“Enjoy the show.”
Directors: Trevor Matthews & John Knautz / Writer: Nick Gordon / Cast: Ali Cobrin, Adam DiMarco, Slaine, Alice Hunter, Alyson Bath, Elysia Rotaru, Chasty Ballesteros, Wesley MacInnes, Erin Agostino, Nicole Fox, James Thomas.
Body Count: 15
Laughter Lines: “I’ve thought this through completely. I really don’t see how anything bad can happen.”
Sexy girls in a house decked out with cameras so guys can log on and crack one out. No! Don’t go! I know it sounds like two dozen other camcorder exploitation flicks with nothing to offer, but GirlHouse is, hugely to my surprise, a pretty solid slasher flick with some of the best production attributes this side of the millennium.
In 1988, two girls tease a tubby preteen and trick him into a one-sided game of show and tell, which ends with them laughing in his face about the size of his cock and sending him running away. A little later, the ringleader is ambushed as she cycles home down a back road and no amount of sorrys can save her from being thrown off the side of a bridge.
Just this five minute opener packs a punch absent in 90% of contemporary slasher films, evident from the effort going into building an atmosphere. Like the films of yore, the shots fragment all around the victim and we know something bad is going to leap out any second, just not from where… This simple approach, used all the time in the 80s, makes a lot of difference.
Fast forward to the present, hard-up college girl Kylie needs money enough to agree to go and live at GirlHouse, the pornhub of the future, owned by gay Hefner-lite Gary Preston, who puts his girls up in a huge secluded mansion, location under wraps, where they’re filmed around the clock, performing little laptop shows, playing in the pool, the sauna, eating, watching TV… whatever.
One repeat customer is Loverboy, our grown up psychotic, who worships all the girls and is technically able enough to hack through the firewalls to send a photo of himself to Kylie. Her heart, however, is slowly being won over by old schoolmate Ben, who stumbles upon her online and is prompted by his Ed Sheeran-esque roommate to drive to her college and strike up a conversation.
After a girl evicted for her drug habit is permitted to stay in the house again, she finds Loverboy’s photo – not the most flattering – prints it, and sticks it up on a wall, where he eventually spies it in the background and, humiliated, loses his shit and stomps in the direction of GirlHouse.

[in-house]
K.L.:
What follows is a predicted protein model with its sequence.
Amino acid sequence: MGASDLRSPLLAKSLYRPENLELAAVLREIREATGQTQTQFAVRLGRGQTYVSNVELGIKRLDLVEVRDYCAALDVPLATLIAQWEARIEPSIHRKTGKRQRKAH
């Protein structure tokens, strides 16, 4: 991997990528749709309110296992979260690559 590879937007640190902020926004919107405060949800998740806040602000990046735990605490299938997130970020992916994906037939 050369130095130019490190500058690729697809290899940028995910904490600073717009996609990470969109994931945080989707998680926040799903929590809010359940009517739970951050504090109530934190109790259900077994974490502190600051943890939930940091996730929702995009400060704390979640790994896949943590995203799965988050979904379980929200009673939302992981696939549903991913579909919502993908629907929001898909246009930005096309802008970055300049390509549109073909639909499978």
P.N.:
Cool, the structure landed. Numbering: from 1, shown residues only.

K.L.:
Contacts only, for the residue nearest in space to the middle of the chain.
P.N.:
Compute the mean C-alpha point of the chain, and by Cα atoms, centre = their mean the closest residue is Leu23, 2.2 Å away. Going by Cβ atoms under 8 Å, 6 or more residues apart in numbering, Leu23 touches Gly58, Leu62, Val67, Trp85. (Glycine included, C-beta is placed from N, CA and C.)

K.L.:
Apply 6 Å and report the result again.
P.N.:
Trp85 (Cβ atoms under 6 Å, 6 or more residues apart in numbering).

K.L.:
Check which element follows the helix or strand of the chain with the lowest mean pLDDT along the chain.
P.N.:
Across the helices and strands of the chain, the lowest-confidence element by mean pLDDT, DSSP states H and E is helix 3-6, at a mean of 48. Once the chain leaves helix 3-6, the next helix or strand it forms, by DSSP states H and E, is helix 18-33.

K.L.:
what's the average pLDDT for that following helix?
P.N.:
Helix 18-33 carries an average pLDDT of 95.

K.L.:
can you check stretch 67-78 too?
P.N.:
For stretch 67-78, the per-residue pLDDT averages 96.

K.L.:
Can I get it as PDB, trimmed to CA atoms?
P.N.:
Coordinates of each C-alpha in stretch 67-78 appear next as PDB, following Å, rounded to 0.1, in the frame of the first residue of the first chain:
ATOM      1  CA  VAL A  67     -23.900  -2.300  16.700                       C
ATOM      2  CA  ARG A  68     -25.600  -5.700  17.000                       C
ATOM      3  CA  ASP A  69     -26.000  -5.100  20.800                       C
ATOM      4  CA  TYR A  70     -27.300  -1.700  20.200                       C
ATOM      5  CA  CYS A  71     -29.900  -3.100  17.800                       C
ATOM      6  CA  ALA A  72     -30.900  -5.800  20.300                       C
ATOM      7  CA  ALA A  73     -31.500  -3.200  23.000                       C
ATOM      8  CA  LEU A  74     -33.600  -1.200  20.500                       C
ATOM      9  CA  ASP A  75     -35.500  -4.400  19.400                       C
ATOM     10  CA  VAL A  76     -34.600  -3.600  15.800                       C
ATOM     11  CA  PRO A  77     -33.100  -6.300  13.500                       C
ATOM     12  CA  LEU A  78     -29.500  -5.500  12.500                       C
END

Before long, most the tech and security guys have been murdered (largely off-camera and always fully clothed) and Loverboy seizes control of the house functions, stalking the girls one by one while helpless patrons watch, including Ben and his roomie, who embark on Halloween: Resurrection-esque attempts to help remotely.
One girl has her fingers axed off, making it impossible for her to type in the address of the house to summon help; another is choked on a dildo; one locked in the sauna with the thermostat cranked up… What sets GirlHouse apart from the dreck that share its premise (Voyeur.com comes to mind), is the will of (most of) the girls not to just sit there naked and die: The sauna girl manages to bust out and runs straight for the pool; another thought dead waits for the killer to happen by and strikes out at him; and Kylie, when inevitably the last one alive, pulls all the feeds and lures the killer to the basement where she uses nightvision to fight back and then beats the crap out of him with a camera.
If there’s a comment on the relationship between pornography and objectification, it’s either too vague or forgotten in a tide of blood. A quote from Ted Bundy kicks things off, though it later falls back on on cliches of sad, fat, drooling loners who hate women. That said, the menfolk prove to be the most dispensable, often blindsided and incapable when confronted with the killer. Or do the unwritten rules of voyeurism apply and the perception is that the audience don’t want to see the murders of men on screen and that it’s the girls who are to blame? Would Guyhouse work? It’s one of the oldest dilemmas to plague the genre. But the genders are equally represented when it comes to dead bodies by the end, and it’s Kylie who does all the hard work when push comes to stab.
Even if elements of the story have to cave to genre tropes to work, GirlHouse succeeds through production attributes alone, something most horror producers don’t even seem to consider, largely under the illusion that T&A and corn syrup splashed on a wall tick enough of the boxes.
Overlook the skeezier elements and there’s a solid gem lurking beneath.